29 March 2016

My Latest Assessment of Chinese and Foreign Anti-Ship Ballistic Missile (ASBM) Development—Now Available in Jane’s Navy International

Andrew S. Erickson, “Raining Down: Assessing the Emergent ASBM Threat,” Jane’s Navy International, 16 March 2016.


The anti-ship ballistic missile (ASBM) has been portrayed as a game-changing weapon that threatens the dominance of the carrier strike group (CSG). Andrew Erickson examines emerging ASBM capabilities, assesses their potential operational effectiveness, and considers the technological and tactical means to counter them

China’s development and deployment in small numbers of two dedicated operational anti-ship ballistic missile (ASBM) types – the DF-21D (CSS-5) and DF-26 – has attracted much attention in recent years. While some limitations in China’s reconnaissance/strike complex, along with evolving US and allied countermeasures, continue to render their operational effectiveness uncertain, they are clearly purpose-designed ASBMs of some potential capability.

China is not the first nation to invest in ASBM development. In the early 1970s, the Soviet Union attempted to develop the world’s first ASBM, the R-27K (SS-NX-13), to be launched from a modified Project 629 ‘Golf’-class submarine.

Despite the extensive Soviet constellation of Radar Ocean Reconnaissance Satellites (RORSATs) and Electronic intelligence Ocean Reconnaissance Satellites (EORSATs), however, this nuclear-armed system suffered severe target location problems, had a 370 m circular error probability (CEP), and never became operational. In rare Western coverage of the subject, the noted analyst Norman Polmar said Moscow cancelled the weapon system because of its implications for the Strategic Arms Limitation Talks (SALT), but this was likely making virtue of necessity.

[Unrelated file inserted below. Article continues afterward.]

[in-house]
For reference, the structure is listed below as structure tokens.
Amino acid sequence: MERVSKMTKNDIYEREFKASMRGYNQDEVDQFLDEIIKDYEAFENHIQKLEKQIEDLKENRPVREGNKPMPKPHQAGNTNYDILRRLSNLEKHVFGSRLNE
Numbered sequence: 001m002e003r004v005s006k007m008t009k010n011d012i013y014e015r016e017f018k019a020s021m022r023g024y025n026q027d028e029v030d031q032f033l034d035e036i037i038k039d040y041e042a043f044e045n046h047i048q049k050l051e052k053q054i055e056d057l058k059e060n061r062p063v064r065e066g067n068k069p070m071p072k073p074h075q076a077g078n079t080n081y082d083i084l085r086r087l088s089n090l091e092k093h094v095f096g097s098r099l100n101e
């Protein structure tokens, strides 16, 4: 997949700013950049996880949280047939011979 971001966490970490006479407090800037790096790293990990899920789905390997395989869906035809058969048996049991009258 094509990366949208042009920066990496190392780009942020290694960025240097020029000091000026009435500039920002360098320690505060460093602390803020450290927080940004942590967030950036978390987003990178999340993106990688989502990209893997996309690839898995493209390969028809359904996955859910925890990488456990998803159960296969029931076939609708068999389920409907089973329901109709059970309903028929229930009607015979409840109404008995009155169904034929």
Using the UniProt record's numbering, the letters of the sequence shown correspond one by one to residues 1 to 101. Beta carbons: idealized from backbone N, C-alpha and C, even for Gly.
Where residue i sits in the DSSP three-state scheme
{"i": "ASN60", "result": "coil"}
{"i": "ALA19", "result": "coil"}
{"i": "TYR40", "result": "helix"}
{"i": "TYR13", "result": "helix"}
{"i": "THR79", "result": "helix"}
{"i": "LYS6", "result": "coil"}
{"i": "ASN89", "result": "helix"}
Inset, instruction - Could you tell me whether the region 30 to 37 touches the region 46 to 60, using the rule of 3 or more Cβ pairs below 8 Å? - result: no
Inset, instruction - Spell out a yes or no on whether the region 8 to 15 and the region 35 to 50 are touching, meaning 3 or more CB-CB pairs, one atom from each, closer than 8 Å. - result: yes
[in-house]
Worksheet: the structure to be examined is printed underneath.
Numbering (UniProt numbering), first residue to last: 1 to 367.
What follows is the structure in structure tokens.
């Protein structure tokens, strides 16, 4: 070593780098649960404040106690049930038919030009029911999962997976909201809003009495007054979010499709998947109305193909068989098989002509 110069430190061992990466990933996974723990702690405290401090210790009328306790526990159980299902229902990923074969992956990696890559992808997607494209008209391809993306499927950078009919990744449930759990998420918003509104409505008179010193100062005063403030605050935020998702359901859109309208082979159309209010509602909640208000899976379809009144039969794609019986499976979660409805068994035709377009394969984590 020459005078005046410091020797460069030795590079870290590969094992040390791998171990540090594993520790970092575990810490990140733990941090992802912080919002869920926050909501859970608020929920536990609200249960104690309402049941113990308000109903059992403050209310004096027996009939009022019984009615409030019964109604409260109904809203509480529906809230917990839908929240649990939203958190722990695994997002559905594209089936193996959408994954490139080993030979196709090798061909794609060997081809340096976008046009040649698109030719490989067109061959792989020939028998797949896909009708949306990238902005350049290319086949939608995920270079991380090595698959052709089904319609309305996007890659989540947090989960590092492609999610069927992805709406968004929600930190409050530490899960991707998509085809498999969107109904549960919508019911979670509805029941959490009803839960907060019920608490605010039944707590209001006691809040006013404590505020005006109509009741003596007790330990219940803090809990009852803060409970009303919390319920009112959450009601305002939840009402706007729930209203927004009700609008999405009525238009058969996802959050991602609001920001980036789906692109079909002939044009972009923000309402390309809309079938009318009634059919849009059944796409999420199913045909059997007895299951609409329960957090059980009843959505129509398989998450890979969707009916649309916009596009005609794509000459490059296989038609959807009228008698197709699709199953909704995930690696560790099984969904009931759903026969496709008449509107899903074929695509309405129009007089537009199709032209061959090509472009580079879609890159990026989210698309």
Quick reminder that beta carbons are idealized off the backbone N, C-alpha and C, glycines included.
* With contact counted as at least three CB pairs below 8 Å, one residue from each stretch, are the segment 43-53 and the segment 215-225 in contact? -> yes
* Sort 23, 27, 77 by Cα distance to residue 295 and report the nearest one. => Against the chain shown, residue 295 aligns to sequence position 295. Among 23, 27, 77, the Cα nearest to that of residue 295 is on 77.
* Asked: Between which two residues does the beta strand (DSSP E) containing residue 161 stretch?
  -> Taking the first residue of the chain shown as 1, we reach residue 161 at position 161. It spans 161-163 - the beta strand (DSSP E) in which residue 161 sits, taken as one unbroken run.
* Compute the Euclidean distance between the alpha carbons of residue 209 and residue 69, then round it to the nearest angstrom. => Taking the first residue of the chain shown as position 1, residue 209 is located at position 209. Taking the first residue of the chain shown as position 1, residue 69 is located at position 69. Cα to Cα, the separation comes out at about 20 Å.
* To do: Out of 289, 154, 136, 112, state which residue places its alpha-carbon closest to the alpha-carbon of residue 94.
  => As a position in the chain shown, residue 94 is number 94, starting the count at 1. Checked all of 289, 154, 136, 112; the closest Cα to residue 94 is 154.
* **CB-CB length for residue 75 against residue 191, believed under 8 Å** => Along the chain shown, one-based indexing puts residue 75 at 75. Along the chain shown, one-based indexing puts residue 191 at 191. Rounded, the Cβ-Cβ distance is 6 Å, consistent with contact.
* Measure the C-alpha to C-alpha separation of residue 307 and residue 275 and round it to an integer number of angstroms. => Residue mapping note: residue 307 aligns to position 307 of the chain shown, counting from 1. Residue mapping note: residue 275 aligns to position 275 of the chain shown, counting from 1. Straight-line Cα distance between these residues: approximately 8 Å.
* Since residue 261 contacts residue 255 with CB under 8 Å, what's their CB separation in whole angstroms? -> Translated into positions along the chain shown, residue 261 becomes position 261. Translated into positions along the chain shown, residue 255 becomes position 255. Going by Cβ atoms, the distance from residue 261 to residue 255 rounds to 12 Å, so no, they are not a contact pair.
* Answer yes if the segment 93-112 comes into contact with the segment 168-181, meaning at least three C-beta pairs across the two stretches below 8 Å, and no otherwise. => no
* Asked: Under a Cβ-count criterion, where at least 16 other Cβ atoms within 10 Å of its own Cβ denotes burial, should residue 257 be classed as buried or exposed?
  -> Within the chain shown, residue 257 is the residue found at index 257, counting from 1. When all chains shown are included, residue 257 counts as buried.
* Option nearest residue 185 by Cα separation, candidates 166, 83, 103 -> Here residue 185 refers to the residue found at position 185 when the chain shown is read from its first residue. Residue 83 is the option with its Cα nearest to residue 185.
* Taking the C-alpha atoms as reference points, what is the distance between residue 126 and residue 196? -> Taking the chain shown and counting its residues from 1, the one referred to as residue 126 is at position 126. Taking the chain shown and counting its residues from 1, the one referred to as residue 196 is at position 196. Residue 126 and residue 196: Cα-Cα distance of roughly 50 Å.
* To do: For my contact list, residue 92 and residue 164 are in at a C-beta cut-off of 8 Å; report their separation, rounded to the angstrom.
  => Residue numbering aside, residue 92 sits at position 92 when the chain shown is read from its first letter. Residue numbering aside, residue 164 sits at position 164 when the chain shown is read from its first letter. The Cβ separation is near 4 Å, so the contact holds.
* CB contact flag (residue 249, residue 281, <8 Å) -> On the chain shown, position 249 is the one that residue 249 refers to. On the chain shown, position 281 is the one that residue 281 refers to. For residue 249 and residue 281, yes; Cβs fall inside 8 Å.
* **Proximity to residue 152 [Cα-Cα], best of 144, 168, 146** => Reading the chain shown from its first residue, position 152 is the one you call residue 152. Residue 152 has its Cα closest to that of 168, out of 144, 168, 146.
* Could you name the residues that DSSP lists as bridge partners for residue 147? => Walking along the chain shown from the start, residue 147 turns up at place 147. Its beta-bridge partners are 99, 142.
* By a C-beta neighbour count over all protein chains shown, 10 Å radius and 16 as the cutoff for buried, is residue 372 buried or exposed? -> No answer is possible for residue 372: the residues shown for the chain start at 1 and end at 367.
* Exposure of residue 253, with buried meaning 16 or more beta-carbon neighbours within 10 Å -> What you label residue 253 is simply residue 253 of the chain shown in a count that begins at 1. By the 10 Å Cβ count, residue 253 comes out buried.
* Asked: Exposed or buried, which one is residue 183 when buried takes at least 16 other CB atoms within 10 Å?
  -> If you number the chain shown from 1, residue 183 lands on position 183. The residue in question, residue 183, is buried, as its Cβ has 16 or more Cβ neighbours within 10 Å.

While this example reflects the difficulties in developing an operational ASBM, it also indicates industrial-age limitations concerning vacuum tube and early transistor technology. China has mastered ballistic missile technology and enjoys better satellite capabilities in today’s information age than the Soviet Union had then.

China’s extensive ASBM-related literature does not devote significant attention to Soviet efforts or suggest it played a role in inspiring later Chinese developments – an unusual instance in which Chinese analysts do not regard Russia as a model for weapons development. Rather, it was US development and deployment of the Pershing II theatre ballistic missile fitted with manoeuvring reentry vehicles (MaRVs) that helped inspire – and quite possibly furnished vital technology for – Chinese ASBM development.